We then tacked the conversation in three parts, discussing DEI from a personal perspective; asking the panel and the audience to acknowledge their own biases, share examples of their experiences in speaking up against perceived discriminations and the significant importance and at times equally cost of being an ally. We also discussed strategies to deal with the wear and tear of showing up and being present to this and other difficult conversations on a daily basis.

Some reflections about bias

We all have biases. They are mostly helpful for short term decision making – to save our life when it’s threatened, etc. Where they begin to unravel it takes into consideration a longer lens of time.

Understanding your own bias is key to opening the door to courageous conversation.

Calling out bias is something you can learn how to do. It requires 4 ingredients: Respect, responsibility, reassurance, recognition.

I was equally moved by the female, brown, black, white, gender nonbinary and male voices that got up to speak and share bravely about their experiences, their fears, and how difficult their journeys were in what is an unprecedented time of change in our social fabric.

One of the key inputs we considered for the session was a position paper written by Roshana Mehdian on ergonomics for inclusive orthopaedics. This paper highlights the challenges for women to successfully do their jobs as surgeons because the instruments are designed with very different assumptions about sixes.

It’s fascinating that in 2022, this is a conversation that still needs to be had in the medical profession. I don’t know a single professional tennis player for example who plays with the exact size and shape of equipment as the next player; it’s all customised to what works best for that individual player. Why wouldn’t we offer a level of customisation to other professionals who use their hands and or legs as instruments in their trade?

Adaptations are a necessary part of the evolution of life, and we need to learn how to make them within the context we are in.

Change is hard. Whether you are an advocate of soft power, or of leaning in, affecting change requires immense personal sacrifice for “Onlys” who have an enormous responsibility to be courageous. It’s hardly about confidence when you are alone, it’s about the courage to keep pressing forward even when you have setbacks. That courage can take many forms. Seeking out allies, flagging examples, conducting and or sharing research.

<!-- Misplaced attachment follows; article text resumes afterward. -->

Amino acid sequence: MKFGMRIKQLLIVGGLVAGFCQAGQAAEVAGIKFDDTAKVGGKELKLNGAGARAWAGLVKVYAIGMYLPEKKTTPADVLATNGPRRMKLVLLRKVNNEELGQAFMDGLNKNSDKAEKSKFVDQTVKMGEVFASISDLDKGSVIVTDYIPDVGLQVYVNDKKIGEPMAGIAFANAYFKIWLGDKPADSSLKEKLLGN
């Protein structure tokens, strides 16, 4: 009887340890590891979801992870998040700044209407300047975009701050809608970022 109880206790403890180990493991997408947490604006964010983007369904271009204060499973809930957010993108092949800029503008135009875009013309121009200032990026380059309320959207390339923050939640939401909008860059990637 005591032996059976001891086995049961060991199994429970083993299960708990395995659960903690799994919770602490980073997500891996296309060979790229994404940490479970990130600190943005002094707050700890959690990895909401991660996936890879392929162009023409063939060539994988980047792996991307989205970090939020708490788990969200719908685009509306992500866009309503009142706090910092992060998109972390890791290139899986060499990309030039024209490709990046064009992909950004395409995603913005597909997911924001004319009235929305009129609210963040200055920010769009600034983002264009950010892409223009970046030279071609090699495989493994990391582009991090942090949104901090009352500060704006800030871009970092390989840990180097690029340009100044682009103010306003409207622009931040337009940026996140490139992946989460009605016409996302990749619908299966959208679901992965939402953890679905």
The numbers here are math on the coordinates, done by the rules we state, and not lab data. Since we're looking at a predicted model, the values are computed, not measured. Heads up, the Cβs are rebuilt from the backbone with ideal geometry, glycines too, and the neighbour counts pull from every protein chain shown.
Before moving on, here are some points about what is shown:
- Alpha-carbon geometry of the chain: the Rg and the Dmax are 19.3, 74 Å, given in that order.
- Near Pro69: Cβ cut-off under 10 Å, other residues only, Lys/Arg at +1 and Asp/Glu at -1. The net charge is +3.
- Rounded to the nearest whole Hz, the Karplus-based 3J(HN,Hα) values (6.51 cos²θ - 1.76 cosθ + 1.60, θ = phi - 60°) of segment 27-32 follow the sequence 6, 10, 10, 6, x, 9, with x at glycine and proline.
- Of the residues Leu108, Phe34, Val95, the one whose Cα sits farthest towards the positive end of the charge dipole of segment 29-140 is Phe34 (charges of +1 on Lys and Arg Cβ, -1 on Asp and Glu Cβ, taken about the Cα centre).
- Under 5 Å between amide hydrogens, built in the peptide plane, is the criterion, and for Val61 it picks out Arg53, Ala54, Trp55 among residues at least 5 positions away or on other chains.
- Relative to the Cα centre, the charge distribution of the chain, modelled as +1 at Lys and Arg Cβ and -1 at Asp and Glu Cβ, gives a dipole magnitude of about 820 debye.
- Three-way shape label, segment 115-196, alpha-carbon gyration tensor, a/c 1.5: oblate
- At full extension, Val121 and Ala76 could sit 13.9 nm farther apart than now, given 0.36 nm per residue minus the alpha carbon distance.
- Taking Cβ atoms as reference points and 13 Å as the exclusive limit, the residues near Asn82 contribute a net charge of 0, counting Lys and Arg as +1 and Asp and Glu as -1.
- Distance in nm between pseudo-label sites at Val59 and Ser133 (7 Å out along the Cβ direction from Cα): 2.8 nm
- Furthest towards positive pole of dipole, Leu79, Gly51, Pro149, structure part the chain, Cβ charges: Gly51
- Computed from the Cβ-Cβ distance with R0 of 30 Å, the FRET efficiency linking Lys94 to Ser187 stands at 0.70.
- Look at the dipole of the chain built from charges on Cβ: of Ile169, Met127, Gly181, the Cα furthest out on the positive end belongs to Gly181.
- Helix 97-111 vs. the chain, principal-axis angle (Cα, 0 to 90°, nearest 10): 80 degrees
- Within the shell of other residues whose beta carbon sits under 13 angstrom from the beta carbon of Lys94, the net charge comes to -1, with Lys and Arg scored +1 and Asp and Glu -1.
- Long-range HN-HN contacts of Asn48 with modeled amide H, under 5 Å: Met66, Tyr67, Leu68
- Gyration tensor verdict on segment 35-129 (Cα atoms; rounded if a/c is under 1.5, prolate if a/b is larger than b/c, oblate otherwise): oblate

Little happens without allyship, and that responsibility and burden falls to all of us, to be present, show empathy, listen, and be vocal when needed, publicly, in support of change. There will always be a context for each of us to become an ally for others, and its up to us to seek these out.

Change also requires finesse, and an understanding of how to engage in debates that are respectful, offer recognition of the views and feelings of others, provide reassurance to everyone embarking on this journey, and then responsibility- for yourself, while putting in place healthy boundaries for what you will accept as your cause, and what you don’t feel equipped to.

Boundaries and resilience are related. Sometimes we are led to believe that resilience is about how we endure. Instead, what if we thought about resilience as the way we recover?

Overall, the session had the following takeaways

  • Confidence is overrated. Choose courage in the way you approach change, and you will be rewarded with lessons, feedback, and angles through which to make your next approach.
  • Change your frame as an only. Instead of focusing on the imposter syndrome you may feel, and the personal peril that could befall you, focus instead on who you are authentically, and know that whoever that is is unique and has a valuable perspective worth sharing, because we all come with our own personal manuals of operation. Part of our job to live amongst a society, is to educate that society in how to treat us, as much as it is to listen and learn how others like to be treated.
  • Practice allyship, and in so doing learn how to voice concerns and challenge courageously with Respect, recognition, reassurance and responsibility. 
  • As societies change, so too does what we KNOW to be true. Stay curious and engaged in crafting the safety needed for discussion and change to flourish.

I want to leave you with a closing message. Dismantling barriers that exclude others is exhausting work – Let’s share the burden.